More is coming out about people who've given money to Hillary:
Corruption, thy name is Clinton.
The New York Times, which has discovered the identity of 97 donors who together gave or pledged $69 million early on, reports some of the million-dollar donors sought changes in policies and two of them were under Justice Department probes.
With the presidential election approaching, Clinton Foundation donations skyrocketed last year to $135 million, 70% more than the year before, with two-thirds of the booty from only 11 donors.
So much for Bill and Hil's populist image.
The former president steadfastly refused to reveal the donors' identities — including one super-rich donor giving $31.3 million.
We can certainly now see why. The $31-million-dollar man turned out to be Canadian mining mogul and founder of Lionsgate Entertainment (distributor of Michael Moore's "Fahrenheit 9/11") Frank Giustra, who plans to give another $100 million, plus half his future earnings.
Foreign contributions to presidential campaigns are illegal, but foreigners such as Giustra can anonymously give as much as they like to presidential foundations. So can the Saudi royal family, the king of Morocco, a United Arab Emirates foundation, and the governments of Kuwait and Qatar, all of whom reportedly gave undisclosed amounts to the Clinton Foundation.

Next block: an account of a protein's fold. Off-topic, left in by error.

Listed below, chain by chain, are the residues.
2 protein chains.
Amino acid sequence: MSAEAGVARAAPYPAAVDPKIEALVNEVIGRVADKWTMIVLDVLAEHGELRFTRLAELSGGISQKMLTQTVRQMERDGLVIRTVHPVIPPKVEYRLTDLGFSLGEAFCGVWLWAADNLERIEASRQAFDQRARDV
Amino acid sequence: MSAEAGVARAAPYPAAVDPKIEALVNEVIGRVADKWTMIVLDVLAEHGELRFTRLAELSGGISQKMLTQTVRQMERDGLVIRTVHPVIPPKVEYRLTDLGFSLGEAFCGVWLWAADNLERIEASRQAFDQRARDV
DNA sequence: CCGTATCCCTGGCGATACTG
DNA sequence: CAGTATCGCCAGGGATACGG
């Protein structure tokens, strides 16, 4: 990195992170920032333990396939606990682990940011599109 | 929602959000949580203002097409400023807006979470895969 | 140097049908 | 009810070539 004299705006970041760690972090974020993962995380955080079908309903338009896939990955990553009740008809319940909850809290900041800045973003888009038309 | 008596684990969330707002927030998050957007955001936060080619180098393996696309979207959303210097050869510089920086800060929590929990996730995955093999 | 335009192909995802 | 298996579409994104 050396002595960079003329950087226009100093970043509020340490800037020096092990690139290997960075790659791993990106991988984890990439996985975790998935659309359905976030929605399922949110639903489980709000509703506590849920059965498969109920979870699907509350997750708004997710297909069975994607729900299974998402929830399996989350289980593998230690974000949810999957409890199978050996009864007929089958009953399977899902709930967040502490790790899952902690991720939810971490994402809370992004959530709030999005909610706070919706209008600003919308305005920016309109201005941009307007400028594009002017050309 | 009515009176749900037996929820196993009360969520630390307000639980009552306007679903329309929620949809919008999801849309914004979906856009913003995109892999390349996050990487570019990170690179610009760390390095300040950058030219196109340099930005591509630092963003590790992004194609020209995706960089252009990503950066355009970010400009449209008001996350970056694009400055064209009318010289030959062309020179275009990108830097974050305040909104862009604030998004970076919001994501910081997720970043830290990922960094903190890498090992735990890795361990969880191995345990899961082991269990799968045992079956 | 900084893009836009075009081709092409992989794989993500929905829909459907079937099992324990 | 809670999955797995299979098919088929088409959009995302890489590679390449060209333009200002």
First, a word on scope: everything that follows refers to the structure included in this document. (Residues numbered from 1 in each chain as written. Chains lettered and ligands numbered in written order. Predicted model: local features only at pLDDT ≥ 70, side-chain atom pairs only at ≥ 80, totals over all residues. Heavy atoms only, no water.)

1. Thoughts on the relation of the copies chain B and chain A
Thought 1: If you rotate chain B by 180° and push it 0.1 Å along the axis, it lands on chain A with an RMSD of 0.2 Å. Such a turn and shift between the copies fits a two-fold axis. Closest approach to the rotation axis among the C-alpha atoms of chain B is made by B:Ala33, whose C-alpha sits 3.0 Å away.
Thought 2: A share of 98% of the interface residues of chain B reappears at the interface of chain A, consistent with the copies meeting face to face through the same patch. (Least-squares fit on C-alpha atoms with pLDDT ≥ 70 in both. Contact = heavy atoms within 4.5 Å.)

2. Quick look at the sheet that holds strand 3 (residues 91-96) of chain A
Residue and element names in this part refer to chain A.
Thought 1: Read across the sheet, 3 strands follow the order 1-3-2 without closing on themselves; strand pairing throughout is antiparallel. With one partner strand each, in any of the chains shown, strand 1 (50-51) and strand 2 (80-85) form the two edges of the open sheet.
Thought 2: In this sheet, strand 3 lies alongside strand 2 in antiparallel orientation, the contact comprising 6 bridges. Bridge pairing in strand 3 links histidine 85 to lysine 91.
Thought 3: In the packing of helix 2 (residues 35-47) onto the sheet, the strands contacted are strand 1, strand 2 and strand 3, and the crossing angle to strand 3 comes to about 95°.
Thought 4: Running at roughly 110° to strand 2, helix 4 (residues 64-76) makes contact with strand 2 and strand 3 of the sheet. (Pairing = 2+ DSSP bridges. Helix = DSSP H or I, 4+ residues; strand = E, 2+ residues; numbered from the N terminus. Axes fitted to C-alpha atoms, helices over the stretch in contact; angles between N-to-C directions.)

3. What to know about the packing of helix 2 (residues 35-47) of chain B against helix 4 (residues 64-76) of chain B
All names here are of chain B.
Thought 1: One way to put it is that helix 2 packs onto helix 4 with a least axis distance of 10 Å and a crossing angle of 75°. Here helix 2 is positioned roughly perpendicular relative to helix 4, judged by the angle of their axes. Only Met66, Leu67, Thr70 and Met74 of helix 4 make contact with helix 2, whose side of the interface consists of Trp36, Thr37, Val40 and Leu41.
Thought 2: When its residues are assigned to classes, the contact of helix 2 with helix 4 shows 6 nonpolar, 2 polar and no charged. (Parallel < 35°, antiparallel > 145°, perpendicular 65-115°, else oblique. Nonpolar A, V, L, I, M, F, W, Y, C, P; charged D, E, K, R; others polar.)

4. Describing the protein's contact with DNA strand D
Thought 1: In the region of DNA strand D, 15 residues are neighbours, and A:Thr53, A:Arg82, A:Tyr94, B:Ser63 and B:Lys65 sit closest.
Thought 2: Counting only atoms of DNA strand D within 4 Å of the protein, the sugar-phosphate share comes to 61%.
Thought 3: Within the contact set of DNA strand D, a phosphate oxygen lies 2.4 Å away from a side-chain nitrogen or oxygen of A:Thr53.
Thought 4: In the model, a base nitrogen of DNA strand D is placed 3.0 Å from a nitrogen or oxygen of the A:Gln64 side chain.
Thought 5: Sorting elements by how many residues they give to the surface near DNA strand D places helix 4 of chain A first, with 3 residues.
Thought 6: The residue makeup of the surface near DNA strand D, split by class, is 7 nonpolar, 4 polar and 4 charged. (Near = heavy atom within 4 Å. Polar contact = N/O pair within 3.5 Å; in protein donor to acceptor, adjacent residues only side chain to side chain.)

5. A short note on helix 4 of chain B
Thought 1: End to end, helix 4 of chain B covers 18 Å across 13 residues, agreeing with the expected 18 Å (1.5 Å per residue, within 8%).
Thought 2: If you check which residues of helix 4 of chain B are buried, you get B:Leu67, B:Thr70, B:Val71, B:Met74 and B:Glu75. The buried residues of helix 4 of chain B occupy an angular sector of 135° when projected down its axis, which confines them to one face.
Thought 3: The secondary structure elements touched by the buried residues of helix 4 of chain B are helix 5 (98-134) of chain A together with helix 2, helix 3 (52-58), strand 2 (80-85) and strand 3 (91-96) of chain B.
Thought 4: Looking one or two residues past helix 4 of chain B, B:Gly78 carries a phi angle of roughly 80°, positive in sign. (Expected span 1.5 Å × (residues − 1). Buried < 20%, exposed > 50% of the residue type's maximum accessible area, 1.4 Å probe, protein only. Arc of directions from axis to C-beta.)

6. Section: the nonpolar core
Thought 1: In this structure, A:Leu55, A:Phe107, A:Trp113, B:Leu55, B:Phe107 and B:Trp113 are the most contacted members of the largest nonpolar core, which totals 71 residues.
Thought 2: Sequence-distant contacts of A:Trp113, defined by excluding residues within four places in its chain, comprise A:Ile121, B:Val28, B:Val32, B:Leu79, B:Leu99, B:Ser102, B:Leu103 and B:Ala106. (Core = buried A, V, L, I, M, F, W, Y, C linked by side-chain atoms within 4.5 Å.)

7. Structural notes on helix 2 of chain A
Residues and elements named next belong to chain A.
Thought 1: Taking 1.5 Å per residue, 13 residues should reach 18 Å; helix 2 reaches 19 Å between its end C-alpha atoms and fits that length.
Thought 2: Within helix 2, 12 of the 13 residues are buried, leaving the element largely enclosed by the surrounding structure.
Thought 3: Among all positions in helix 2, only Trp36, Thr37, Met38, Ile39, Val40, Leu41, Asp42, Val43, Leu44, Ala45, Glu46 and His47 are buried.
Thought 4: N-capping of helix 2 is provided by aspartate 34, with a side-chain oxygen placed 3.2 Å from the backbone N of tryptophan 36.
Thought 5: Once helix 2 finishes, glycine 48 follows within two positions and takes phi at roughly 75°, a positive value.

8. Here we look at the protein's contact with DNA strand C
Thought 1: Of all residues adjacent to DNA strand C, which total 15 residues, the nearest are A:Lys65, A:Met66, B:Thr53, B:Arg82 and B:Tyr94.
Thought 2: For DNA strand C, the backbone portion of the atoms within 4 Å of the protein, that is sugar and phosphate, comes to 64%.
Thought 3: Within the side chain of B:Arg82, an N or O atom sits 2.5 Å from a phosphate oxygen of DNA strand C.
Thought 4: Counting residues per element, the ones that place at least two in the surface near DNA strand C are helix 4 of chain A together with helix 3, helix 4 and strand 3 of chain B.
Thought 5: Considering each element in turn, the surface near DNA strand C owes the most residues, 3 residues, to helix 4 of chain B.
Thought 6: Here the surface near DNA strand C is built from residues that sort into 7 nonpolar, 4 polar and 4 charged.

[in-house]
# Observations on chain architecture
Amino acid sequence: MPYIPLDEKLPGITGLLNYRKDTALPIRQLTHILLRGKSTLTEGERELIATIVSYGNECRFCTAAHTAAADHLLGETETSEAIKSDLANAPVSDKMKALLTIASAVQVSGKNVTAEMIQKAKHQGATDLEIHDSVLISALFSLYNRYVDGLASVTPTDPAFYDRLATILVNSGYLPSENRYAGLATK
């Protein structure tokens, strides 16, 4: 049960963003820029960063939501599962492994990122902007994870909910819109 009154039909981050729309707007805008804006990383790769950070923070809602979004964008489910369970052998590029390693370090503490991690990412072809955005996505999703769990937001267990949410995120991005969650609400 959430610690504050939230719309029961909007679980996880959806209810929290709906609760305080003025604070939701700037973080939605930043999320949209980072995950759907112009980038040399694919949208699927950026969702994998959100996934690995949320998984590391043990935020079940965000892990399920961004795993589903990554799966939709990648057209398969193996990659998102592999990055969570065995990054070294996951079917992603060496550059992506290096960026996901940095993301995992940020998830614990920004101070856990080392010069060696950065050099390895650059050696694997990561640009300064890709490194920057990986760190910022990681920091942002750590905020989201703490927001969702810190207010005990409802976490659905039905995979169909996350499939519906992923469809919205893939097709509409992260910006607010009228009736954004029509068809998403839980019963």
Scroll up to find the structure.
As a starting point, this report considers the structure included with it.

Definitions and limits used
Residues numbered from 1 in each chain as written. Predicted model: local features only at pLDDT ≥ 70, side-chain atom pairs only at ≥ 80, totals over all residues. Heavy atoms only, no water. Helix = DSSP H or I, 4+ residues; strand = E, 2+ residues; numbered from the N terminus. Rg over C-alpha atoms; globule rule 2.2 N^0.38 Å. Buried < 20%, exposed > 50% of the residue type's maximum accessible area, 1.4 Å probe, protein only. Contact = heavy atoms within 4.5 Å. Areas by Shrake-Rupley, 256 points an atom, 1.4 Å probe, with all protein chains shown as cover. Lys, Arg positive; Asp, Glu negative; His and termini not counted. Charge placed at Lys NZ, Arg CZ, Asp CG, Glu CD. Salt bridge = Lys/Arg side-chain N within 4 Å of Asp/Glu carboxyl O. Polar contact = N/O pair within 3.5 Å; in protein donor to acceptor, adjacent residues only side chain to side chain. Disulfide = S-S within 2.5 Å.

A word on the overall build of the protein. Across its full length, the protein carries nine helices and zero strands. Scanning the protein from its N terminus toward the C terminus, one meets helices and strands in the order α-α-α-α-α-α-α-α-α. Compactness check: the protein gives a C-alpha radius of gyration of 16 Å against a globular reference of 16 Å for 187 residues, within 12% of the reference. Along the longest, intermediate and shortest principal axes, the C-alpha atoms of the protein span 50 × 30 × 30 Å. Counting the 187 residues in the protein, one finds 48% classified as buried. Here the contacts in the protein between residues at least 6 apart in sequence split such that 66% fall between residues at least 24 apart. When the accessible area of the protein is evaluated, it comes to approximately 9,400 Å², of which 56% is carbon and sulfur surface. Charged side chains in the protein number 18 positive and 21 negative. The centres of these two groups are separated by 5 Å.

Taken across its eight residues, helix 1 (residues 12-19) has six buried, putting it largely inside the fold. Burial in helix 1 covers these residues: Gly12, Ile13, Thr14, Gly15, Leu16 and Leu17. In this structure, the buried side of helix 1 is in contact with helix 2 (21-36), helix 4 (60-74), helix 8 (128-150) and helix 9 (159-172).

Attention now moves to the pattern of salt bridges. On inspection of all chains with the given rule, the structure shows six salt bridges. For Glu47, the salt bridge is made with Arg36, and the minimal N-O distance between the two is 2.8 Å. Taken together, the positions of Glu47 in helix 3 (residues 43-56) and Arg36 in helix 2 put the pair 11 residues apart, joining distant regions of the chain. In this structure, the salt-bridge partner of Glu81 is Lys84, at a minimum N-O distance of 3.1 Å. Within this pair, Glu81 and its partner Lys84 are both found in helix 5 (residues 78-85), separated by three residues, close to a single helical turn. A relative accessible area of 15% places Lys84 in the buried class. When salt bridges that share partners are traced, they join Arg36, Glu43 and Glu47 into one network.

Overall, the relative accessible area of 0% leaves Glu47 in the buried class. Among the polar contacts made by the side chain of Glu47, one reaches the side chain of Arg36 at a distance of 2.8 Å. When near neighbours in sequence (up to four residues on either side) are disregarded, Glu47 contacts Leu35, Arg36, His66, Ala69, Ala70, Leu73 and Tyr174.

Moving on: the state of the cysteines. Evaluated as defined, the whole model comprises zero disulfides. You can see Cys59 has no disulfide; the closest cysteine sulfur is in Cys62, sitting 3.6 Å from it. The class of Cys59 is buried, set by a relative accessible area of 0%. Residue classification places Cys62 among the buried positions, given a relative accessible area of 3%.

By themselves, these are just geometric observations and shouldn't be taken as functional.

That should make for interesting Mideast policy under Hillary.
Here at home, Anheuser-Busch gave $1 million after the Clinton administration's Federal Trade Commission agreed not to regulate beer, wine and liquor ads.
Chicago bankruptcy lawyer William A. Brandt Jr. pledged $1 million in 1999 as the Justice Department investigated whether he lied about using a big-money fundraiser for Clinton's 1996 re-election to lobby a top bankruptcy official. Later that year, Clinton's Justice Department cleared Brandt, who has since given big to Hil-lary's (sic) campaign.
When Loral Space and Communications' then-chairman, Bernard Schwartz, agreed to give $1 million in 2000, the firm was being investigated over whether it gave satellite technology to China. Under the Bush administration, Loral agreed to a $14 million fine.
Other million-dollar contributors got themselves deals on things like Medicare reimbursements for hospitals in Puerto Rico and special treatment on cell phone licenses from the Federal Communications Commission. One is an Iranian-born aviation executive who provided military equipment to Tehran during Iran-Contra.
Then there's the notorious income tax fugitive Marc Rich, pardoned by Bill after his ex-wife, Denise, gave $450,000 to the Clinton Library.